Husband-Killer Mary Winkler Gets Her Kids Back
"Winkler walked away a free woman last year after serving a farcically brief "sentence" for her crimes ..."
Tennessee mother Mary Winkler--who shot her husband Matthew in the back and then refused to aid him or call 911 as he slowly bled to death for 20 minutes--has just received custody of her three daughters, barely over two years since the homicide. Winkler walked away a free woman last year after serving a farcically brief "sentence" for her crimes. Her claims that her husband abused her were largely uncorroborated during the trial. According to testimony from Matthew Winkler's oldest daughter, Patricia, the dead father--who as he lay dying looked at his wife and asked, "Why?"--was a good man and did not abuse her mother.
Mary Winkler has been in a custody battle with Matthew Winkler's parents, who have been raising their three granddaughters since the murder. Dan and Diane Winkler sought to terminate Mary Winkler's parental rights and adopt the girls, a position Fathers & Families has supported. Domestic violence advocacy groups have been silent about this case.
Mary Winkler was granted supervised visits with her daughters last year. Now, sadly, she has gained back custody of the three girls, which is clearly not in the girls' best interests. Last year Dan Winkler said, "These young ladies have not expressed any desire to be with their mother or her family," but he and wife Diane have now ceded custody, knowing that continuing their legal battle to protect the girls would in the end be unsuccessful. A judge has approved the custody transfer.
"That a woman can kill her husband in cold blood and still gain custody of their children underscores the bias and prejudice divorced fathers face in the family courts," according to Dr. Ned Holstein, MD, MS, Executive Director of Fathers & Families.
Dr. Holstein said, "The courts have failed Winkler's daughters by placing them in the care of a mother who has shown no remorse for the cold-blooded murder of their father. Domestic violence groups have also failed these girls by their silence in this case, giving the appearance that they oppose domestic violence only when it is perpetrated by men."
Dr. Holstein lays out the case against child custody for Winkler in his co-authored column No child custody for husband-killer Mary Winkler (World Net Daily, 9/14/07).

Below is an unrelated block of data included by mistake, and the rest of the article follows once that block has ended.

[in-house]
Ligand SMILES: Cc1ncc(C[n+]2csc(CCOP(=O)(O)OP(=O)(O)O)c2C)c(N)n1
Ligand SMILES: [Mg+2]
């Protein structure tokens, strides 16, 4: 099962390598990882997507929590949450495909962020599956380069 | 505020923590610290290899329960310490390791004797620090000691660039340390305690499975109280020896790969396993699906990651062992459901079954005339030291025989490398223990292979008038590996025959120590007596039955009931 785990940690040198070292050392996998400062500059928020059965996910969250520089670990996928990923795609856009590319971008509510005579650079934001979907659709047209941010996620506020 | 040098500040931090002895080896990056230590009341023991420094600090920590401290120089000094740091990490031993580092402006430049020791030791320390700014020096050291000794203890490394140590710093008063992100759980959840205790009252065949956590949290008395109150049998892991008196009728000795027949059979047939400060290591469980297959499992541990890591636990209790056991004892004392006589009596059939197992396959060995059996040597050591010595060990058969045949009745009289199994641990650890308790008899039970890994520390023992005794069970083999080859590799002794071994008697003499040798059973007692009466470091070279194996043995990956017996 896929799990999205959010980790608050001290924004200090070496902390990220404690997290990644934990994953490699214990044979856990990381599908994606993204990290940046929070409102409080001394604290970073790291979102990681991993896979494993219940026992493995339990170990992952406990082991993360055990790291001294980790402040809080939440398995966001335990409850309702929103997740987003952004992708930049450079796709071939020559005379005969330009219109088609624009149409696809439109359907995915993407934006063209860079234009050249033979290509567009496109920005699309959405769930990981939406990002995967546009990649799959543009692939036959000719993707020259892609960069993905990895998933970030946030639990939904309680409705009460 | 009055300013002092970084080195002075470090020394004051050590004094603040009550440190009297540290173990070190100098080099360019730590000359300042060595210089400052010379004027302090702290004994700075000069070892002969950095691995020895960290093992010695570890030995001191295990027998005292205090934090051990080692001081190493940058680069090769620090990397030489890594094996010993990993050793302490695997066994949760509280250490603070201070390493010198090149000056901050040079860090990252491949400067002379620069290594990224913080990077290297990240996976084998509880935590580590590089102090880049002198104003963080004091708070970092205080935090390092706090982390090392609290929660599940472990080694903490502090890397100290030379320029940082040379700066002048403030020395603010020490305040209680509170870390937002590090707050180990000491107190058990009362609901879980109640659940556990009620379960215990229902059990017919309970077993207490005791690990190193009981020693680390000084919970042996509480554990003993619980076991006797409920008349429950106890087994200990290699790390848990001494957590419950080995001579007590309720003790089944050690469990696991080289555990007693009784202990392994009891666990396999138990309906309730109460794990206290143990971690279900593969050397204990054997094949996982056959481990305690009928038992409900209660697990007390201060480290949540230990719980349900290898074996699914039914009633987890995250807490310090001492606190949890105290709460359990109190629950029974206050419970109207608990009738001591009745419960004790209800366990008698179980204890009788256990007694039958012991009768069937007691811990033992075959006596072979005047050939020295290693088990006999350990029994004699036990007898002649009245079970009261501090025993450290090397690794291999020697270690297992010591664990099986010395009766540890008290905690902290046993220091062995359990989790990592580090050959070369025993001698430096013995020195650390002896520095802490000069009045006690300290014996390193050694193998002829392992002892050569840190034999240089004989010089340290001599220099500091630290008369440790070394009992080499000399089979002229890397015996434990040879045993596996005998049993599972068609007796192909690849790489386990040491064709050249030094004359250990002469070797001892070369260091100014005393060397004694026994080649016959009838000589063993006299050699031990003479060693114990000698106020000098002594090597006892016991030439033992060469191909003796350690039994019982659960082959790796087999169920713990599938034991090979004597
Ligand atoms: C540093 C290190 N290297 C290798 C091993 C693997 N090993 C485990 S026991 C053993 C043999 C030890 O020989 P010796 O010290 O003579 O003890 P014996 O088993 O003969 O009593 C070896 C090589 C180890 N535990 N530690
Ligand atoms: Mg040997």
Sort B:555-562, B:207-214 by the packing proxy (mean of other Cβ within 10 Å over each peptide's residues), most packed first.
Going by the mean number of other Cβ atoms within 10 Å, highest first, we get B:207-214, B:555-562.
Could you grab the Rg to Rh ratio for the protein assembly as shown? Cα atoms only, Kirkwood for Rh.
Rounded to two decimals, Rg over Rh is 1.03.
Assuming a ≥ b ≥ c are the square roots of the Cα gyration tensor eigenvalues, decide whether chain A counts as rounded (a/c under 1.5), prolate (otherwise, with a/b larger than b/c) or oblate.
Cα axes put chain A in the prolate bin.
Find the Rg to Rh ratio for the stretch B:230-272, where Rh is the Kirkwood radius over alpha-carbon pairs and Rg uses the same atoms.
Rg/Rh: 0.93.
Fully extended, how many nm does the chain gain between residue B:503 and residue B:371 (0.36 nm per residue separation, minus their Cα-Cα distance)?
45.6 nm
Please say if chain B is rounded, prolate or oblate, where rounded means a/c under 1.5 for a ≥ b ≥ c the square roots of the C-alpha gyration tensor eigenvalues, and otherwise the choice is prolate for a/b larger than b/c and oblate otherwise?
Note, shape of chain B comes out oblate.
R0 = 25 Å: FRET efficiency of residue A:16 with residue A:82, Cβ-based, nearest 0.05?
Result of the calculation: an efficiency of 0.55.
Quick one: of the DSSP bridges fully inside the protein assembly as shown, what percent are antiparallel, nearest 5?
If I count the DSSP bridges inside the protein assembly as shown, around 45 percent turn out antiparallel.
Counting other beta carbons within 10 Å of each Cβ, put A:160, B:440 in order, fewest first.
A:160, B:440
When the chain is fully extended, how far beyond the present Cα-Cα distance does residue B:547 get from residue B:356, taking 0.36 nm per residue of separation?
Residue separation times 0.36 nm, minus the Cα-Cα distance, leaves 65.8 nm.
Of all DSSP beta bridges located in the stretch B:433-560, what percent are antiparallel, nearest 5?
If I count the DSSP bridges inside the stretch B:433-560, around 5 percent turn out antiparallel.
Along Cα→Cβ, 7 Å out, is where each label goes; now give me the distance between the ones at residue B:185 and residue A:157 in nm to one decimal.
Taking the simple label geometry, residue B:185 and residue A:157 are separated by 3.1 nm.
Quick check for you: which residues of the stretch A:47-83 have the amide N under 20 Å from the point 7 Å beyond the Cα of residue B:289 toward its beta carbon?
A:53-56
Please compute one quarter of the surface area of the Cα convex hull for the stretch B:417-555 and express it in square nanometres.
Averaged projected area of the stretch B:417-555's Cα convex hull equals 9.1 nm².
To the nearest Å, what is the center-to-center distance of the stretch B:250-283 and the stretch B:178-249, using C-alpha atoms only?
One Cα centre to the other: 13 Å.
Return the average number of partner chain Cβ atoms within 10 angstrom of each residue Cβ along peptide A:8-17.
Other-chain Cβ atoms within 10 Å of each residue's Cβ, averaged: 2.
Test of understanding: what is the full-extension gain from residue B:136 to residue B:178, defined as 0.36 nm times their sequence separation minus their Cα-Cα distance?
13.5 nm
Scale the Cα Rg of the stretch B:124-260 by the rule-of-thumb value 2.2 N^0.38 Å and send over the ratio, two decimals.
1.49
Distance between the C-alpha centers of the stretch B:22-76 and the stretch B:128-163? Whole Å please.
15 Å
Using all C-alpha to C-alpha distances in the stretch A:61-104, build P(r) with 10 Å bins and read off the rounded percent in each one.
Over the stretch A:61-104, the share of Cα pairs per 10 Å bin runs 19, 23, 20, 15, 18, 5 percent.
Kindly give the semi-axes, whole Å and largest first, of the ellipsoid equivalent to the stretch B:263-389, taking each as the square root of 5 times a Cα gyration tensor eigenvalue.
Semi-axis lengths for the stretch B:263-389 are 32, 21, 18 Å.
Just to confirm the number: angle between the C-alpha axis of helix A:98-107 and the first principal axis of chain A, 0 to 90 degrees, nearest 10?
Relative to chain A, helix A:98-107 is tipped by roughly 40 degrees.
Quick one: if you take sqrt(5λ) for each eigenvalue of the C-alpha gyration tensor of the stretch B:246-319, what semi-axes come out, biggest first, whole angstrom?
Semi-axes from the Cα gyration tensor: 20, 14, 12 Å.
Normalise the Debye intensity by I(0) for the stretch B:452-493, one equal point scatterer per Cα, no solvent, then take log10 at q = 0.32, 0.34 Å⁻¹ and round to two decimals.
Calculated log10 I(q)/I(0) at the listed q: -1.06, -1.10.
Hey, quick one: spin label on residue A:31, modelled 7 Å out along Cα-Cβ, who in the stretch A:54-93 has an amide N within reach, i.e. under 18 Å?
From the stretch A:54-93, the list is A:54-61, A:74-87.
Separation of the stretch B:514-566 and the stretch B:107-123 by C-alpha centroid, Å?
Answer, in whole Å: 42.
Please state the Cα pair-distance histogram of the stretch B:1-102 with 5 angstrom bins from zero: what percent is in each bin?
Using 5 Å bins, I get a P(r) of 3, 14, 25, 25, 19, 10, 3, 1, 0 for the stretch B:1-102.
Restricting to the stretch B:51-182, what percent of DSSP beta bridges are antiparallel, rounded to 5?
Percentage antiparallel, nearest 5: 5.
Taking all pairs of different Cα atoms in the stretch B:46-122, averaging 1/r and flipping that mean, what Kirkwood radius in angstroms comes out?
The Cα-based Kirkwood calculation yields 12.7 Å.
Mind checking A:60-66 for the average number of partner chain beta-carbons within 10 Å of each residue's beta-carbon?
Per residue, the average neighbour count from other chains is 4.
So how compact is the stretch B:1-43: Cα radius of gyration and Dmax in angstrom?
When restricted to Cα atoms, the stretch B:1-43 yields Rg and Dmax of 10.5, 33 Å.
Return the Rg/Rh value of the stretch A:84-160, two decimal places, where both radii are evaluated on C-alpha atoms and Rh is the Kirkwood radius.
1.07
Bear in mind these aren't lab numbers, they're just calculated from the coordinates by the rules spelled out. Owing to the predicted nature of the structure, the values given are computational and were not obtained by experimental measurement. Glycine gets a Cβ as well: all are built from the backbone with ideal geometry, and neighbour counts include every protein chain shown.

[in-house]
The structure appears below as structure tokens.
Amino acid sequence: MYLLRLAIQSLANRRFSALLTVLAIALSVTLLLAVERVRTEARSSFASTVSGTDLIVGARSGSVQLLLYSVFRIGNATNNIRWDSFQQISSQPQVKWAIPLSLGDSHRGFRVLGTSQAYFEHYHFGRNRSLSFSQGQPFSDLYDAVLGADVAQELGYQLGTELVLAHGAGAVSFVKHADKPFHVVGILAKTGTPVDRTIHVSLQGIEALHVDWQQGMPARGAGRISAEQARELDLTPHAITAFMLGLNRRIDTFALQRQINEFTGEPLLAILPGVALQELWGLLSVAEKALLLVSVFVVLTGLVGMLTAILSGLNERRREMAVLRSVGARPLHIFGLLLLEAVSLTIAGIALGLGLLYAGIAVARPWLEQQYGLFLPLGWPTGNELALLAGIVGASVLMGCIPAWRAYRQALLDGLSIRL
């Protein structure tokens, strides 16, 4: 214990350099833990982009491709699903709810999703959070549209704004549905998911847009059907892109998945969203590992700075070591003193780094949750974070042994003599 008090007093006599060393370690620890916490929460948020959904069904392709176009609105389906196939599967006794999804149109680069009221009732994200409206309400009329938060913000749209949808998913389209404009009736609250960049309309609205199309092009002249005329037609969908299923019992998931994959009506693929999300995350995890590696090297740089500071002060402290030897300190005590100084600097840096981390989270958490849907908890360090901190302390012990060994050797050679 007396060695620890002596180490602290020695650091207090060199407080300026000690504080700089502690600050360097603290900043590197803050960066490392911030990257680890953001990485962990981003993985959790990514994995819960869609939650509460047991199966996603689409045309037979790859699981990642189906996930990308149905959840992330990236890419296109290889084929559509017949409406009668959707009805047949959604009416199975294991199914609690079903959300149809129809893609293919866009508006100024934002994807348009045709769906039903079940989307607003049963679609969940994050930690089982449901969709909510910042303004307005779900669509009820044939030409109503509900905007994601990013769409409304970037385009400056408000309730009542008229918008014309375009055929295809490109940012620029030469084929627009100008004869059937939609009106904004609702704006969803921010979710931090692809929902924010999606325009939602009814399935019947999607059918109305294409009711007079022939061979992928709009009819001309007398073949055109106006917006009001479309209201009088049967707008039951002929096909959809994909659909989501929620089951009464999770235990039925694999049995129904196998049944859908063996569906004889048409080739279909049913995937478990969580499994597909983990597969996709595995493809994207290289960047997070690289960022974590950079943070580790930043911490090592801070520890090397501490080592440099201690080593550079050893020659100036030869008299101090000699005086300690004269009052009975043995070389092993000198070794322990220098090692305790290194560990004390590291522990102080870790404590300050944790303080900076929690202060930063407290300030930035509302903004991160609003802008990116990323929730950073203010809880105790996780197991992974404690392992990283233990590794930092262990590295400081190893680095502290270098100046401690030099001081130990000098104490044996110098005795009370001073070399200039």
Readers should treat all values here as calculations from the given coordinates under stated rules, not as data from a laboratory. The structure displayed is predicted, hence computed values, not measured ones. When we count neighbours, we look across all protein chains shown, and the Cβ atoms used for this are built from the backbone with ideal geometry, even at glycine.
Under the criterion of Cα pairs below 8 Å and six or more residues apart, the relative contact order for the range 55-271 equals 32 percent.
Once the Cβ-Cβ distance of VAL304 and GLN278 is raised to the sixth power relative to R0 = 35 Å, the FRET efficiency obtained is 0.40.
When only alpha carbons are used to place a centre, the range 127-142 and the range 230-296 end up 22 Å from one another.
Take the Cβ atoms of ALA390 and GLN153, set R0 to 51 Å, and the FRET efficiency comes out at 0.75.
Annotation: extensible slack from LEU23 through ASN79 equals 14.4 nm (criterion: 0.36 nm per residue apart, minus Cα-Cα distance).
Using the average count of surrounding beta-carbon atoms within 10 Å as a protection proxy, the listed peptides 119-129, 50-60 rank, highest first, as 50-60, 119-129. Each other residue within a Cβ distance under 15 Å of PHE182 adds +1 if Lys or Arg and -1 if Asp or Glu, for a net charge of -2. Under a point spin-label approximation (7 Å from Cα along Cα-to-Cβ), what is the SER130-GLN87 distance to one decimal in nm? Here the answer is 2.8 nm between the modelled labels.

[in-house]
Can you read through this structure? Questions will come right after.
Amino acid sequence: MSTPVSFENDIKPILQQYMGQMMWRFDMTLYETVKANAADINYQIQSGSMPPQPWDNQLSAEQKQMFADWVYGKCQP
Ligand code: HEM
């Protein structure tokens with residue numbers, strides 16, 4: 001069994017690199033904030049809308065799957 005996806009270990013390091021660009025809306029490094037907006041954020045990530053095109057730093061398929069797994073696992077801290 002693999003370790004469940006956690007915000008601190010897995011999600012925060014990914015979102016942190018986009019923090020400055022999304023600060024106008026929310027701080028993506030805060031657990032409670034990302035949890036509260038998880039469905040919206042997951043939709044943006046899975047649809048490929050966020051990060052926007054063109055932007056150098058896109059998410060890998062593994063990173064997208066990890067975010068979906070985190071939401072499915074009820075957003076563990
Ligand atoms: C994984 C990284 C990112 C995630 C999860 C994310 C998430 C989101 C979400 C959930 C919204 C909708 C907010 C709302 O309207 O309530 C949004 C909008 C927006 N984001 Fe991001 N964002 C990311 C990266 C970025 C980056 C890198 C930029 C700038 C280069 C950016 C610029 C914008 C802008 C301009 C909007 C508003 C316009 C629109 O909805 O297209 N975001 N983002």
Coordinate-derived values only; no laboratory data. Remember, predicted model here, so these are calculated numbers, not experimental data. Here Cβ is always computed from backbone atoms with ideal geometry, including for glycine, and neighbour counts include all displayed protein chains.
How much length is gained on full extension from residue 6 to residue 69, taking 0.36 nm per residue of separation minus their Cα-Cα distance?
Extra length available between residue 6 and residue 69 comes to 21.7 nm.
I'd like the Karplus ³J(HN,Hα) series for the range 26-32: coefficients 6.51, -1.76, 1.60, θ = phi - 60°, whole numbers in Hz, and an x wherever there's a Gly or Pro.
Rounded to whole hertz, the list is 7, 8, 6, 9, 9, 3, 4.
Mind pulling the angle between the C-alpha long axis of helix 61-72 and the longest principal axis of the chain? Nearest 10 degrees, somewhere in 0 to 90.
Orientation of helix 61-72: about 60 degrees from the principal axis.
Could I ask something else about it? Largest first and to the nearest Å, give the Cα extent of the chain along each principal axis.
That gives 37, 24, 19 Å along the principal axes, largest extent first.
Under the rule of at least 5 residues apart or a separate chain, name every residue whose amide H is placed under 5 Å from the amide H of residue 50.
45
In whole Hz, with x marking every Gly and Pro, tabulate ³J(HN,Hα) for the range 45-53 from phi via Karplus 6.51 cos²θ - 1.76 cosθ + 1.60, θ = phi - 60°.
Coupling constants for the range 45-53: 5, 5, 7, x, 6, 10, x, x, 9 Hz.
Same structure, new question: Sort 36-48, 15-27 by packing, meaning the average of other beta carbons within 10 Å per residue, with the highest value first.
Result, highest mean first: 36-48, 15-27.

Woman arrested for lying to police about rape
Feminists say it never happens
Police arrested a Pocono Pines woman after they say she admitted lying to investigators when she accused her ex-boyfriend of assault and rape. Elissa Easterling, 27, is accused of lying to Pocono Mountain Regional Police by falsely accusing a man of beating and raping her. After originally telling police and court officials that she was assaulted on two occasions and raped once by her ex-boyfriend, she later said she "has problems" and that she had not had any contact with the man in months.
During the course of a month-long investigation after she told police she had been assaulted, police corroborated the man's alibi and determined that Easterling had fabricated her reports. She also testified in order to get a protective order against the man, under oath at Monroe County Court, that she had been raped. The protective order was granted.
When police confronted her with the evidence that she was lying, police say she admitted to making up the assaults. Easterling said the man did not harm her in any way. She was taken to Monroe County Correctional Facility where she will be charged with perjury and making false reports.
Nature or nurture -- Are you who your brain chemistry says you are?
The Leftist "blank slate" theory takes another hit